A strange public fight is going on between the Columbia County Commission and the School Board.
School trustees didnt want to pay the countys stormwater utility fee. They consider it a tax, and schools dont pay taxes. The county contends its a service fee that any customer must pay, just like the schools pay for county water. As of this moment, the latest court ruling agrees with the county.
School officials have begrudgingly stroked a check for nearly four years of unpaid fees for all the schools in the stormwater utility service area.
Surprisingly, the county returned the check, contending the school system didnt include enough money for late fees. School trustees were not amused, and instructed Superintendent Tommy Price to resend the check to the county.
This is all about taking money out of your left pocket and putting in the right. Sad to say, trustee Roxanne Whitaker is right when she says that $56,000 could be better used in hiring a couple of teachers. Which would you rather have: Clean ditches, or people educated enough that they dont have to dig them for a living?
With all the gyrations over religion and schools, this is one boat theyre in together: Churches, which like schools are tax-exempt, have to render this fee unto Caesar, too.
In my Sunday column, I said opponents of the private use of Columbia Countys animal incinerator hinted that the incinerator would be used for human cremations.
My mistake; that was from just one of the foes. John Glave Jr., owner of Plumtree Pet Services of Williston, S.C., focuses only on what he says are errors in the countys estimates for how economically the big incinerator can be used. Another opponent - Paradise Kennels operator Richard Lord - is the one who suggests funeral home operators should be worried. Glave has stayed on the high road.
One way to cut down on the incinerators use is for residents to adopt more animals from Columbia County Animal Control. The facility is holding a special adoption session Oct. 17 and 18, with dogs for $10 and cats for $5.
Remember: Any animal that isnt adopted is killed with a poison needle and then burned in the incinerator. Not a very good way to treat mans best friend, is it?
Speaking of animals, some animal-rights nuts sent along information about a Walk for Farm Animals planned for Saturday in Atlanta to raise awareness about farm animal welfare and to raise needed funding for farm animal rescue and protection efforts.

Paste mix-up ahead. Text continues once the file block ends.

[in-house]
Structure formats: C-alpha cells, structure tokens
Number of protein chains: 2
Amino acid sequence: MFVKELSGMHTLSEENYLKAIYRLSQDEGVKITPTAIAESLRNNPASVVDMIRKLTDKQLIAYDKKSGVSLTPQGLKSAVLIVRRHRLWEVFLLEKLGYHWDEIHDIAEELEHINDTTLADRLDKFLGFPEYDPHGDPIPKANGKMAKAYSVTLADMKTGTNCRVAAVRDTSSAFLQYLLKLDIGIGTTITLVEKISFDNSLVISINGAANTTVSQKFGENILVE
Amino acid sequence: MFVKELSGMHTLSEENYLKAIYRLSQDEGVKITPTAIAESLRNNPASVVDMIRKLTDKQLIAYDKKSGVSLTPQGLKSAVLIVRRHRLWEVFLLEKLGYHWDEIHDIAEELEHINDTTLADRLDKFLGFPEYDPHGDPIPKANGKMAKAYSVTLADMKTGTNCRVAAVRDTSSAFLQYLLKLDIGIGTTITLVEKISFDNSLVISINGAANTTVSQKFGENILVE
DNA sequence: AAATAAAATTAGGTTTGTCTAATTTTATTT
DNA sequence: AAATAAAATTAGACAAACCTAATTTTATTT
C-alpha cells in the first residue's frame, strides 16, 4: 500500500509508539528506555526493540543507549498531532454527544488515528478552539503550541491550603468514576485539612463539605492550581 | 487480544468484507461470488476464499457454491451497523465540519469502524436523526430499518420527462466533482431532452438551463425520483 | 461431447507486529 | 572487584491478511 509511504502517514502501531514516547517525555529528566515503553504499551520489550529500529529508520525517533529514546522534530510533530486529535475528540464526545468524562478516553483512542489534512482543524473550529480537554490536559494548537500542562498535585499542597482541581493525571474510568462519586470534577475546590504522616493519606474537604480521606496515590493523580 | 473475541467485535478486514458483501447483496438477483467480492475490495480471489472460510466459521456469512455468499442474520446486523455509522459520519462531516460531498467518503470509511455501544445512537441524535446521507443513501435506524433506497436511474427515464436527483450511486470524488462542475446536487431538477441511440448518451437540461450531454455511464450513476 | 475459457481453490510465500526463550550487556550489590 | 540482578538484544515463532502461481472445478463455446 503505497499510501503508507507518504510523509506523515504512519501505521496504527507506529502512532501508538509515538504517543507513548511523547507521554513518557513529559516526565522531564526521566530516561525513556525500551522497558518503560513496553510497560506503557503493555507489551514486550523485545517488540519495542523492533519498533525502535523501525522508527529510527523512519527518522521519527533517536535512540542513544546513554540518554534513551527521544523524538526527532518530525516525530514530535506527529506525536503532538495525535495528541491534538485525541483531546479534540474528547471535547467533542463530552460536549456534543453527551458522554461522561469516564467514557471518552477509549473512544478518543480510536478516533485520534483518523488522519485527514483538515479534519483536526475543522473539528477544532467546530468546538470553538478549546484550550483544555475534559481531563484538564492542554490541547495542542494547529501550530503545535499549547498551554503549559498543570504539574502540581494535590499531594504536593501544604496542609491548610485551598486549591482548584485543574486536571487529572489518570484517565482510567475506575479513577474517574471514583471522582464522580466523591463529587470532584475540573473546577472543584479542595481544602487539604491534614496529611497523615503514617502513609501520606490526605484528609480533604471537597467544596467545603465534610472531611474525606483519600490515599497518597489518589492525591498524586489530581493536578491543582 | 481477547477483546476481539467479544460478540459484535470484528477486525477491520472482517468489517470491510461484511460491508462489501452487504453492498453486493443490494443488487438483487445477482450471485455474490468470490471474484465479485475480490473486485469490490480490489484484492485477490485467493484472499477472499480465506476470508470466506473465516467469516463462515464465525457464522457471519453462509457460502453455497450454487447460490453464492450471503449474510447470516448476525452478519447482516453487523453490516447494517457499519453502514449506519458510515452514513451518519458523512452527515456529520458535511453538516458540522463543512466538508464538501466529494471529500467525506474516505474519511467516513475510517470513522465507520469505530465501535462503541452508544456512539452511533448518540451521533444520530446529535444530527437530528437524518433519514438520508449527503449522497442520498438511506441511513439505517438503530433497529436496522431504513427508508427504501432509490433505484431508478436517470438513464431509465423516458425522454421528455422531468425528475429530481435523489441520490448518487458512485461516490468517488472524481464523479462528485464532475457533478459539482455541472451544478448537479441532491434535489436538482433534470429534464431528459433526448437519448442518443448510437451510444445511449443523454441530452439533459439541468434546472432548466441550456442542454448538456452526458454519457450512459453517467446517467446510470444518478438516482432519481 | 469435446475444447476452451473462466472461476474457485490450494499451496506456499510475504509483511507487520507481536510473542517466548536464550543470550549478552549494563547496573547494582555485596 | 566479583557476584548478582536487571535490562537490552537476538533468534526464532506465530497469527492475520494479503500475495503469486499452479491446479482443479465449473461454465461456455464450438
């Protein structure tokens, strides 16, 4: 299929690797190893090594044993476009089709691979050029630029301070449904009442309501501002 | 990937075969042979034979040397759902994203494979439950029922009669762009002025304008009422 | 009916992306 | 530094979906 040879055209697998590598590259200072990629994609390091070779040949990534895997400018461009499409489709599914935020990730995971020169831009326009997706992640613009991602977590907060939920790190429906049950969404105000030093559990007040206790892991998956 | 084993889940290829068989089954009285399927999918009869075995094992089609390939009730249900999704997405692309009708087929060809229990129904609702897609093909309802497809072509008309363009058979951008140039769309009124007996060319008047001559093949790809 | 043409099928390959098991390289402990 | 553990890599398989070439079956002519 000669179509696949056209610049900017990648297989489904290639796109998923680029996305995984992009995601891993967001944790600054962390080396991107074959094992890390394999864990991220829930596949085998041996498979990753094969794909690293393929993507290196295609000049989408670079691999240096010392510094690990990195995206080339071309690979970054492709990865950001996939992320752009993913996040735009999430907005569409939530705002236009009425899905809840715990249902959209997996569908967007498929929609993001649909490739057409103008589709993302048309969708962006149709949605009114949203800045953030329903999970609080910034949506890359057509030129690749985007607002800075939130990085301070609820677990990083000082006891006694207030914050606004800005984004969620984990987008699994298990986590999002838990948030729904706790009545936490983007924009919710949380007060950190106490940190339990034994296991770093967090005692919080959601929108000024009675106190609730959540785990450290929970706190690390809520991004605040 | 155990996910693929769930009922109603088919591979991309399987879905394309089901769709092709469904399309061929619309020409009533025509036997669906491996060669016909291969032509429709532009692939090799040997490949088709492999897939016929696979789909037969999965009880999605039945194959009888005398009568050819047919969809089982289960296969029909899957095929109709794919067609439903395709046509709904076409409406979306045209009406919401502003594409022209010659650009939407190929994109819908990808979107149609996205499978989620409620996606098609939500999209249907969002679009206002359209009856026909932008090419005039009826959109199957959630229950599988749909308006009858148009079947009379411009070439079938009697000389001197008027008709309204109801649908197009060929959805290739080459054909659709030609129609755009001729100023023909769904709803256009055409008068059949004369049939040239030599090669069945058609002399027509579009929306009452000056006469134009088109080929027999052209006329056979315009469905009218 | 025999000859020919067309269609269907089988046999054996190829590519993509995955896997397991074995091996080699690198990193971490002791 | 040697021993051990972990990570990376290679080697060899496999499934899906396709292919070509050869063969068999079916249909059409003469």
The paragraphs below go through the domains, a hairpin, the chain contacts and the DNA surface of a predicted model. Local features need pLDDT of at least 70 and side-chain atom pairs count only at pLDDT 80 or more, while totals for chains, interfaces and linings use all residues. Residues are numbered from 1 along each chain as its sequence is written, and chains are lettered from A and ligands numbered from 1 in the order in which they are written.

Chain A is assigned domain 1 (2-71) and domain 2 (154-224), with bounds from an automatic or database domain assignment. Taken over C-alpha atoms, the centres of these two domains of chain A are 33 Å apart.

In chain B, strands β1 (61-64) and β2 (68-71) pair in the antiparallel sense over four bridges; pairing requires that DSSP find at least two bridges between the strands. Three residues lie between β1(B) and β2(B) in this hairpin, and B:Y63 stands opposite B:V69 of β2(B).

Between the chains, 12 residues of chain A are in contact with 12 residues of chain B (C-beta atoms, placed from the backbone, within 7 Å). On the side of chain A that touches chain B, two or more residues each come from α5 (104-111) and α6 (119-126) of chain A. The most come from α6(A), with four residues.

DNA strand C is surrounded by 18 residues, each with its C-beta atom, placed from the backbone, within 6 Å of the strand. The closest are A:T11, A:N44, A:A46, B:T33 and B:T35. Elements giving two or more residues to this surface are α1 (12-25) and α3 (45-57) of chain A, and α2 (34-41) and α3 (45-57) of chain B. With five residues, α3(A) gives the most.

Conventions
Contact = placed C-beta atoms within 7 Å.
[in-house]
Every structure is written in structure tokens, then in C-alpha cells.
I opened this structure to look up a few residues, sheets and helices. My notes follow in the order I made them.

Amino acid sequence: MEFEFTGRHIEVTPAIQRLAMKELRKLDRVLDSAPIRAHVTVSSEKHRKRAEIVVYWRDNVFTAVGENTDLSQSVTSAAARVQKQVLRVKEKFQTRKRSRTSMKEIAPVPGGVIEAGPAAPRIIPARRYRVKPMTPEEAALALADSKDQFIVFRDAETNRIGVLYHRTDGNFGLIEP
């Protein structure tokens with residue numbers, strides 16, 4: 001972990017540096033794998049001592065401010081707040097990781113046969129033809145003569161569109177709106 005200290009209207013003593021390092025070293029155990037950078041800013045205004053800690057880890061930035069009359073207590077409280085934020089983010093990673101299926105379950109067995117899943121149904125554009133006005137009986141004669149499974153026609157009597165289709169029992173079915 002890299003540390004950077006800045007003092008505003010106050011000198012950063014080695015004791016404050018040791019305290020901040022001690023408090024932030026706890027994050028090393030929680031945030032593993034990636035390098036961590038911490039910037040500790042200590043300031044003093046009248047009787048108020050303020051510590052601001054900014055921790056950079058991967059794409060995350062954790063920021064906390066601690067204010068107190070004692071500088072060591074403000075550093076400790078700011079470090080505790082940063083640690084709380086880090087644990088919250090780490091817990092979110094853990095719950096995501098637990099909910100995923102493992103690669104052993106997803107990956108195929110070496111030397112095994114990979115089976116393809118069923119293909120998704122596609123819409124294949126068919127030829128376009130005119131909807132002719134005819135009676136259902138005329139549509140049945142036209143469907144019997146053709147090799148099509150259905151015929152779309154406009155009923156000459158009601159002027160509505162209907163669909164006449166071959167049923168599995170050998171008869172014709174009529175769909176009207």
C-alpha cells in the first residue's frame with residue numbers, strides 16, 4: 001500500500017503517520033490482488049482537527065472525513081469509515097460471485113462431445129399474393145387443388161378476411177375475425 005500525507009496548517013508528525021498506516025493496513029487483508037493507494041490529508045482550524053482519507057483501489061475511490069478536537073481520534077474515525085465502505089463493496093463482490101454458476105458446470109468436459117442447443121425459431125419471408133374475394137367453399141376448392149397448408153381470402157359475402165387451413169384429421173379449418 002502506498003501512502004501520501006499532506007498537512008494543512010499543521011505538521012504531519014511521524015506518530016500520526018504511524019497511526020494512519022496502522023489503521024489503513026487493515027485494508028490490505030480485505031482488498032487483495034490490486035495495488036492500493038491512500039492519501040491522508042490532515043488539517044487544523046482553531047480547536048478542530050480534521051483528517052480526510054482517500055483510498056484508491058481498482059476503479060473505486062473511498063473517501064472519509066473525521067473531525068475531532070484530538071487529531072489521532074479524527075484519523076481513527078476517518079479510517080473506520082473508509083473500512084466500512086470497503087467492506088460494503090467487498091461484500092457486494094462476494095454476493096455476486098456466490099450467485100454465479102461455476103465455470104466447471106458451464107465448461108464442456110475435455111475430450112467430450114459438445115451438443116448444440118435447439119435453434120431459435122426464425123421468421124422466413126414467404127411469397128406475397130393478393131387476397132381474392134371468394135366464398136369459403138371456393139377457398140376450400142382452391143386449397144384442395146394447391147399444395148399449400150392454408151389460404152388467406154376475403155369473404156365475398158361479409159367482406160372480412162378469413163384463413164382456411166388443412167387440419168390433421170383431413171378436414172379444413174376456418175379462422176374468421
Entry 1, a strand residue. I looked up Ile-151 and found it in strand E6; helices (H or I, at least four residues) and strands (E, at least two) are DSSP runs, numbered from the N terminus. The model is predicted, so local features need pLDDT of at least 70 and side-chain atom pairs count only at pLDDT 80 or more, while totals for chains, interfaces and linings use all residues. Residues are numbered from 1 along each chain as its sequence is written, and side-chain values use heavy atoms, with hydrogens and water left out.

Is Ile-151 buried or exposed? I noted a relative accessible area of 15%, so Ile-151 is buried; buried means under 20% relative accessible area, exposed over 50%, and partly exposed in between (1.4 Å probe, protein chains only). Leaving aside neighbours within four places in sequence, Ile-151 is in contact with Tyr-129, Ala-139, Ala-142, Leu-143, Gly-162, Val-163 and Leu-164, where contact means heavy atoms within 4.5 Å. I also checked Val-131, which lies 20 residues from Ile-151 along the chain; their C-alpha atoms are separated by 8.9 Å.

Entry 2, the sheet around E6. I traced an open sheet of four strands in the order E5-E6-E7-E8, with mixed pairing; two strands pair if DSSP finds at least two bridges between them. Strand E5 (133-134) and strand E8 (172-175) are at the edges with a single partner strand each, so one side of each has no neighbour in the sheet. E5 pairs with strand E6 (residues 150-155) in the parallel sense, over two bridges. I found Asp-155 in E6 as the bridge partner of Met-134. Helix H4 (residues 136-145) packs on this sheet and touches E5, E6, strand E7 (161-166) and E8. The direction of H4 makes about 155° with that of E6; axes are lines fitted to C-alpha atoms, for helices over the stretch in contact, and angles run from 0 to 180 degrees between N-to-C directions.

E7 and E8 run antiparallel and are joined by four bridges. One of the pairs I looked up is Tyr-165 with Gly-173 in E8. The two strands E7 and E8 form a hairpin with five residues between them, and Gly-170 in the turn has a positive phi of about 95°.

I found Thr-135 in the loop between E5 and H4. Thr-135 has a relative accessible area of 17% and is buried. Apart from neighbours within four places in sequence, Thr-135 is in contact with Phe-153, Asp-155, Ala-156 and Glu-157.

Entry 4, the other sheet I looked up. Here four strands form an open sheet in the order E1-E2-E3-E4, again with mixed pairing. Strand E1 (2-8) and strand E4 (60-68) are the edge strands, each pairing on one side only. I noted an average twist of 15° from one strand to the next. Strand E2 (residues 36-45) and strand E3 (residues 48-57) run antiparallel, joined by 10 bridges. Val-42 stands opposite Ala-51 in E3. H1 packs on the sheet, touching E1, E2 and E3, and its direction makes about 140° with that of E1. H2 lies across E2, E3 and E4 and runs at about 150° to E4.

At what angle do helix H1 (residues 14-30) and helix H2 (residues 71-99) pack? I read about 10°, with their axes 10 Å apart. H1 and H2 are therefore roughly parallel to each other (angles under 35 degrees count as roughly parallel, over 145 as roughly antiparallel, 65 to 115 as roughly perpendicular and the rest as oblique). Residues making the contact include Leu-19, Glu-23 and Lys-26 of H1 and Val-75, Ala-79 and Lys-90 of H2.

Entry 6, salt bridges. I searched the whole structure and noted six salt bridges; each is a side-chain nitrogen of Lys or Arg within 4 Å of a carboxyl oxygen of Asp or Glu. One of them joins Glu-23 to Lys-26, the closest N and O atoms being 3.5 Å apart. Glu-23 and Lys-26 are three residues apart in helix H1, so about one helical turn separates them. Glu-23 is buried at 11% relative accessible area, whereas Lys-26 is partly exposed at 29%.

Im afraid Ill have to miss the livestock-lover march; were having a Paschal family reunion that day out in Winfield, and my dad and I will be barbecuing a farm-raised pig for the occasion.
Gov. Sonny Perdue is scheduled to be in Augusta Friday for an awards presentation. The Radisson luncheon is from noon to 1:30 p.m. Coincidentally, U.S. Senate candidate Herman Cain also will be in the area Friday for a media blitz.
Their visits are unrelated, but the area around the Radisson is surrounded by media offices - The Chronicle, WJBF, WAGT. Flaggers, those folks still grousing about the Georgia flag, will likely parade near the hotel to make Perdue feel unwelcome. Consequently, Cain is almost certain to drive past the hotel en route to his interviews with local reporters.
As a black Republican, Cain is a somewhat rare candidate (though there are two black Republicans in the race to succeed Zell Miller). Hopefully someone will tell him those Confederate-flag-waving protesters arent there to greet him on his first campaign trip to the area.
Incidentally, one of those flaggers, in a radio sound bite from Perdues last visit to Augusta, called Perdue a liar and pledged to beat him at the polls next year.
That would be a neat trick: Perdue isnt up for re-election until 2006.
(Barry L. Paschal is publisher of The Columbia County News-Times. E-mail comments to firstname.lastname@example.org.)
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